As a small IFA practise, we recognise we’re limited in our ability to perform detailed due diligence on the whole market of investment funds. A key part of our investment process is therefore studying the output of the ratings agencies. These organisations have huge research resources and high levels of access to fund groups and fund managers.

The two ratings agencies we use are OBSR and Citywire. Full details on OBSR and Citywire can be found in the appendix.

2. Risk Adjusted Returns

We use a measure called the Information Ratio. The Information Ratio is used to help put the returns a fund manager generates into context, given the level of risk they take on. We’re able to gauge what level of added value the manager has historically achieved and how this ranks relative to the manager’s peers in the same sector. A higher Information Ratio indicates a higher rate of active risk adjusted return.

3. Relative risk

Volatility is a statistical method that measures how much a series of values move up and down around its average.  The higher the volatility number, the less consistent historical performance has been. We’re therefore looking for funds that have performed with as little volatility as possible.

4. Consistency of Performance

As we have already established, past performance is not a guide to future performance. What is useful however, is to establish which funds have generated consistent performance. To assess this, we look at discrete quartile rankings over the following time periods:

  • 1 year from 12 Months ago
  • 1 year from 24 months ago
  • 1 year from 36 months ago

Rankings 1 and 2 are above average, and rankings 3 and 4 are below average.

5. Representativeness of the asset class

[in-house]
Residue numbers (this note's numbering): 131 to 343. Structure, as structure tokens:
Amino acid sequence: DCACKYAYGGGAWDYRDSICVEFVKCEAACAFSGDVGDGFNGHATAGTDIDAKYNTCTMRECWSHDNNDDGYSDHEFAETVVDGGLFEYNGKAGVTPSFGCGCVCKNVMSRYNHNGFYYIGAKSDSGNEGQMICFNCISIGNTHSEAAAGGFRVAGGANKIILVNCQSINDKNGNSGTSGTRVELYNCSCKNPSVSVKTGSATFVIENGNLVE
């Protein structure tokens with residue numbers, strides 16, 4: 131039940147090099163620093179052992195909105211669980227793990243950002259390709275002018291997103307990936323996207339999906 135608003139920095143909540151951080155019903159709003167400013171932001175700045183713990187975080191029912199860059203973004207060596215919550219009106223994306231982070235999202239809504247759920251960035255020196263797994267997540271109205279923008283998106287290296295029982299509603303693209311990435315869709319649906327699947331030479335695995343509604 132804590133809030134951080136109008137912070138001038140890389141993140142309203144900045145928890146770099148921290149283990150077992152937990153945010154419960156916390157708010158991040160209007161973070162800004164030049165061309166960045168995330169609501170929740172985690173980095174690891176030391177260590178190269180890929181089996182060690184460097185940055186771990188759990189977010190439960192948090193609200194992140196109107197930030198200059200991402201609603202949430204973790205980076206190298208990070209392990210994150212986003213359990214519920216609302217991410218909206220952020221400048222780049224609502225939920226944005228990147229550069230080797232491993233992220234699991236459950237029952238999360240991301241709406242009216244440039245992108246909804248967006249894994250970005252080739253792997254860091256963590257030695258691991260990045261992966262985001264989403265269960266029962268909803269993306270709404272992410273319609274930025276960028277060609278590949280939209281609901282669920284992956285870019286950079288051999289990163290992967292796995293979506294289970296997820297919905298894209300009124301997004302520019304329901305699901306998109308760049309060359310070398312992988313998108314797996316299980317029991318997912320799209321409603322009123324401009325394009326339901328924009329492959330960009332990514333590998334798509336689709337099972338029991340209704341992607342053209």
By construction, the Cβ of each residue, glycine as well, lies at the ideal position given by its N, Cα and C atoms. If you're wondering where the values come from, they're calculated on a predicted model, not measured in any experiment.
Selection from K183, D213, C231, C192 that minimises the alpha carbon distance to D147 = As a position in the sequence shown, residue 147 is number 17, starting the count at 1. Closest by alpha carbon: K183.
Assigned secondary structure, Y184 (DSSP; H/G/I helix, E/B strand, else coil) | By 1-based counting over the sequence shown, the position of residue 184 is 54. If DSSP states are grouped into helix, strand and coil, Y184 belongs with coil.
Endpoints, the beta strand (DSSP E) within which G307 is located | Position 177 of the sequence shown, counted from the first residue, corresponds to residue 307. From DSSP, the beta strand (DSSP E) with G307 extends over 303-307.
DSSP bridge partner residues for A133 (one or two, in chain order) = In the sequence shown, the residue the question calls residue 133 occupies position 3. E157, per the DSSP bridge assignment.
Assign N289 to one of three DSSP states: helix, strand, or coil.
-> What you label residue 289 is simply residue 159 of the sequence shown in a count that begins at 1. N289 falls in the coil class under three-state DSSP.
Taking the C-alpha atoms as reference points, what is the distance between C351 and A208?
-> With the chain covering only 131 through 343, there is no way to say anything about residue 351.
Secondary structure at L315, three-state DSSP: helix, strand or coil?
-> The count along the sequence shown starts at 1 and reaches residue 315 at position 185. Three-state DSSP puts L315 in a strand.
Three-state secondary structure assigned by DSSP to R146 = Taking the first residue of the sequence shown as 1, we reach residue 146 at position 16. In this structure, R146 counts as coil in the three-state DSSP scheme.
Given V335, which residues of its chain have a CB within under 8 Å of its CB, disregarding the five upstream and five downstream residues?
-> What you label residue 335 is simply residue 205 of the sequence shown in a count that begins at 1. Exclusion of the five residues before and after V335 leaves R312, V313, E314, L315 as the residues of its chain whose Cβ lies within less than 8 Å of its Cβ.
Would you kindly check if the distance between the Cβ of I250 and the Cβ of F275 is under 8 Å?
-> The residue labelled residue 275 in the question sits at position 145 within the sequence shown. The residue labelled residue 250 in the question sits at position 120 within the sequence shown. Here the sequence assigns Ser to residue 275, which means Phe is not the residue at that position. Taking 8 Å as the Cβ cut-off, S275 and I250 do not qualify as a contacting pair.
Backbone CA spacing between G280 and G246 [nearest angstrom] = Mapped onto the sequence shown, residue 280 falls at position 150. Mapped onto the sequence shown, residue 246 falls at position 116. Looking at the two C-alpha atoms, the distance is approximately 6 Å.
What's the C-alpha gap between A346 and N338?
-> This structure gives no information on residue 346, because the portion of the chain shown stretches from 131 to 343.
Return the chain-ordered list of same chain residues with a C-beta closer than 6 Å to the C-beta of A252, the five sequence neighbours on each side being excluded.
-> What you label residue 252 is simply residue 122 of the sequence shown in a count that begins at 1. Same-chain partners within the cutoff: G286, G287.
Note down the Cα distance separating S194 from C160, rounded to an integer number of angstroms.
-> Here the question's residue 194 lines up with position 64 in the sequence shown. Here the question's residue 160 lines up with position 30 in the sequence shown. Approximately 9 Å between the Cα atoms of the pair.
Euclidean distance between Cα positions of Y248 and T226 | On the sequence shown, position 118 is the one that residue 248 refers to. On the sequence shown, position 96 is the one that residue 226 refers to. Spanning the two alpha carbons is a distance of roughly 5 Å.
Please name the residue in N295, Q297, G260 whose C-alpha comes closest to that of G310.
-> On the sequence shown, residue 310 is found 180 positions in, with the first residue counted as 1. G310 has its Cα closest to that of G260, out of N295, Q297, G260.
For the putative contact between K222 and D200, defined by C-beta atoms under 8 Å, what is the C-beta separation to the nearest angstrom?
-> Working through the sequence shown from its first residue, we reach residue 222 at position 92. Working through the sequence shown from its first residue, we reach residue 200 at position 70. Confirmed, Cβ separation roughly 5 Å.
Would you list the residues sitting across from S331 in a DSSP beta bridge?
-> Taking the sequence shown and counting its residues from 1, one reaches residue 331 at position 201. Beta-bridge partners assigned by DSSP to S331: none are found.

For the asset allocation to maintain its validity, it’s important we choose funds that fit the sector reasonably closely. If they fit the sector exactly, they effectively track the performance of the sector. In effect, these are passive funds. We look for funds that closely fit the sector, for with a little variance comes the opportunity to out-perform the sector. Clearly, we are not looking for funds that vary widely from the sector, for this would upset the asset allocation principles.

The measure we use to assess this is called R2.

Ongoing Monitoring and Review of Funds

The Investment Committee meets on a quarterly basis to perform two functions:

1. Decide whether to apply any changes made necessary by a change in the underlying asset allocation recommendations provided by Watson Wyatt
2. Review the fund selection

The outcome of the review meetings and any portfolio recommendations will be published on the Kingswood Law IFA Limited website. We will email clients (post to clients without email) a newsletter giving the information, inviting them to consider the conclusions and to notify us if they wish to accept our recommendations and make appropriate changes to their portfolios. We do not currently hold discretionary adviser status and therefore any changes to a client’s portfolio must first be authorised by the client.